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Beautiful JavaScript by Anton Kovalyov

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CHAPTER SIX

One World, One Language

There sure are a lot of languages.

Jenn Schiffer

It was September 2003 when I began my undergraduate studies in computer science. Having chosen a liberal arts school, I was required to select a number of general education course requirements that lived outside the realm of my major. One of those requirements was two foreign language courses. When I inquired about using Java to fulfill that sequence, my request was immediately shut down. “You have to pick a real foreign language, like Spanish or French,” my undergraduate advisor told me.

Perhaps I should have asked about JavaScript.

To be multilingual, or a polyglot, has always been presented as superior to being able to speak one’s native language only. I have never understood why people believe this. Living under one roof, having one job for an extended amount of time, and being in a long-term monogamous relationship: these are seen as qualities of a stable life. Being an expert in a single subject, as opposed to knowing a little bit about a lot, is championed. So should be the case with programming.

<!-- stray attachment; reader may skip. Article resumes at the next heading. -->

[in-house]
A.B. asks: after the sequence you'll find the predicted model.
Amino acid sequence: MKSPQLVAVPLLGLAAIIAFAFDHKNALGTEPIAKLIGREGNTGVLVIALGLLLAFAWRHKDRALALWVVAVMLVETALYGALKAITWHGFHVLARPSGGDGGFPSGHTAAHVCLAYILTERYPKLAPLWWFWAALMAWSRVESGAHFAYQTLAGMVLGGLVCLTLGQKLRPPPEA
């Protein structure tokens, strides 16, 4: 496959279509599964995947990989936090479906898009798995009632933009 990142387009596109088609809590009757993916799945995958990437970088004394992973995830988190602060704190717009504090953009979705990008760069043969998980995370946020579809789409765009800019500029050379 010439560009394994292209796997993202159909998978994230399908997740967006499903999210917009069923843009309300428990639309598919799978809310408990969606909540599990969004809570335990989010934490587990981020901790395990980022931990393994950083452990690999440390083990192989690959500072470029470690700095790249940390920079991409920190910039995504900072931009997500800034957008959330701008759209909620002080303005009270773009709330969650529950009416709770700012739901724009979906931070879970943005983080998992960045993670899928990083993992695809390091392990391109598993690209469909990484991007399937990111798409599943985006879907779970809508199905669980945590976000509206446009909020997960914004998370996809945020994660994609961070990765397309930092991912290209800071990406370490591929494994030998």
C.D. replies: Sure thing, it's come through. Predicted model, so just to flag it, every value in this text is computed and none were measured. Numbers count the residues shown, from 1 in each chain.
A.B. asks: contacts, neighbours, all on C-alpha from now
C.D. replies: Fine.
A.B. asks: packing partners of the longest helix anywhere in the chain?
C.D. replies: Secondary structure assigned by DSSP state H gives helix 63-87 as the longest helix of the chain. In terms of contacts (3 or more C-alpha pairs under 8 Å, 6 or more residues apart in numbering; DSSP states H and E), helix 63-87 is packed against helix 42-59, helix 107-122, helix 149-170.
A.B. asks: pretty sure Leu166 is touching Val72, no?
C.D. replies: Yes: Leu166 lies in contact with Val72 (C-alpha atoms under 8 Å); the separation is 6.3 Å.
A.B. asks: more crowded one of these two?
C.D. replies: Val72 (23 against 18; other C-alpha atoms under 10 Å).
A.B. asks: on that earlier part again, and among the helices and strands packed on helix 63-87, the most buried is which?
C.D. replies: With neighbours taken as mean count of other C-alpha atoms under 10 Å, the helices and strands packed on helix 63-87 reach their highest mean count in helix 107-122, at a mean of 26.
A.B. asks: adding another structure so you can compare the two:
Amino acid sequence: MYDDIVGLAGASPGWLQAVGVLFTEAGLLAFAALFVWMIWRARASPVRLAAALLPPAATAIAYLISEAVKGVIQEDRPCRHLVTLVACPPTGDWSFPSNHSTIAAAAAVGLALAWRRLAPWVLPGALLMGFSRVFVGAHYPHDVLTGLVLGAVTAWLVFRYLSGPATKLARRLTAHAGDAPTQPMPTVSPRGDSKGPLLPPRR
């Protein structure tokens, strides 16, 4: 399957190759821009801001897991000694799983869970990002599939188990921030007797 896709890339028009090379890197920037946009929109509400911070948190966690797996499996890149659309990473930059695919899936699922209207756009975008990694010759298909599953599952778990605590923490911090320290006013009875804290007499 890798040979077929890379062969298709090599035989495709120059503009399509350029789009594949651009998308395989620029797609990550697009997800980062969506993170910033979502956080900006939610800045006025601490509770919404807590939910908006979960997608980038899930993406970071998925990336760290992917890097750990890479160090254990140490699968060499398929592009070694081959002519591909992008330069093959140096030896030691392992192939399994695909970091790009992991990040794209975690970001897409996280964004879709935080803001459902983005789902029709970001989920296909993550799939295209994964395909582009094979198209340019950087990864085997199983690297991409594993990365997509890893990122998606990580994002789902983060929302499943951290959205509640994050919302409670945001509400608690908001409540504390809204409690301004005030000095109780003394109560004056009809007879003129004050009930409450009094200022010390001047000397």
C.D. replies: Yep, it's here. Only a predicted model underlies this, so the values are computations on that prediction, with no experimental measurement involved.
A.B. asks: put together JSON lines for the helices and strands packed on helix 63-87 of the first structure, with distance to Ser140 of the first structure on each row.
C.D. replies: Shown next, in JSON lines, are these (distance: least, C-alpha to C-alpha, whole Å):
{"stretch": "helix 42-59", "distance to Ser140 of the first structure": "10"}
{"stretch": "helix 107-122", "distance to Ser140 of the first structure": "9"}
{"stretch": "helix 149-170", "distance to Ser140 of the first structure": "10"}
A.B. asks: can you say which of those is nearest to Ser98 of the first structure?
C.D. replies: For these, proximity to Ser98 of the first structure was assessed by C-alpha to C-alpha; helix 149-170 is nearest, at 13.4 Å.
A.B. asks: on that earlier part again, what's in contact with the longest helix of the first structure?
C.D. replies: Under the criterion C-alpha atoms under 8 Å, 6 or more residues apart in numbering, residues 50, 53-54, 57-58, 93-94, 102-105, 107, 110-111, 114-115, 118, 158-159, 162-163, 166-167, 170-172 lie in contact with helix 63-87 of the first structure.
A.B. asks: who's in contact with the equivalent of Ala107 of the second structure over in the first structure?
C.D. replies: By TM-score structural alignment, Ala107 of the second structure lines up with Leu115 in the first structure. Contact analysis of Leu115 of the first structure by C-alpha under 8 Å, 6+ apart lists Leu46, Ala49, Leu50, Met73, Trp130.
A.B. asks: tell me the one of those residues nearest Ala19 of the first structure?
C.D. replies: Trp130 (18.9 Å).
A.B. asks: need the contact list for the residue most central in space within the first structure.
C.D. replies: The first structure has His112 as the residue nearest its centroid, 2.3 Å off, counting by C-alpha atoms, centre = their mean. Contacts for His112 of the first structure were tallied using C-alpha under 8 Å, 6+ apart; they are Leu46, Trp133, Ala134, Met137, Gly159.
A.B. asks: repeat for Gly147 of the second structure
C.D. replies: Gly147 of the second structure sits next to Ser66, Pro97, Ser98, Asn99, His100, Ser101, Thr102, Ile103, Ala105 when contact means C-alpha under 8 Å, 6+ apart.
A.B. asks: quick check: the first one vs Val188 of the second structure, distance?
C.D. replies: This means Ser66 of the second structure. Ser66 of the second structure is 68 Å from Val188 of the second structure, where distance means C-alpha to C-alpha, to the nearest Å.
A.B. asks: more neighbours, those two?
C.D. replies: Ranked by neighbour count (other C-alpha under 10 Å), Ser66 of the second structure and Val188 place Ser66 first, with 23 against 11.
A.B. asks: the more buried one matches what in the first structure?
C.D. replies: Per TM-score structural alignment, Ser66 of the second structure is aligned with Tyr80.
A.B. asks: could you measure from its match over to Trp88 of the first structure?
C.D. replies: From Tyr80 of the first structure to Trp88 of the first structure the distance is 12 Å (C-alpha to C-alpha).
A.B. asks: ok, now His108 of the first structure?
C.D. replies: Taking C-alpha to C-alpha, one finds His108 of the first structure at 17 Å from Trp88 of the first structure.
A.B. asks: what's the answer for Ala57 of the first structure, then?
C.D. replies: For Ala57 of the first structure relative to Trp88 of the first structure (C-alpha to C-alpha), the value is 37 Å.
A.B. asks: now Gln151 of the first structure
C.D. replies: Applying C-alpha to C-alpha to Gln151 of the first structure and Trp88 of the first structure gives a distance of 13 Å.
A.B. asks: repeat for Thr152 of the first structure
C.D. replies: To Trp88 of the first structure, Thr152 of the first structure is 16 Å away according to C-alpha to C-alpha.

JavaScript is a single, stable language that is powerful enough to build the World Wide Web, make robots move, and convince publishers to print entire books about it. If we were required to pick a single “best” programming language, JavaScript seems like a no-brainer.

It is understandably controversial to say that a specific language is better than the rest and that it should, therefore, ...

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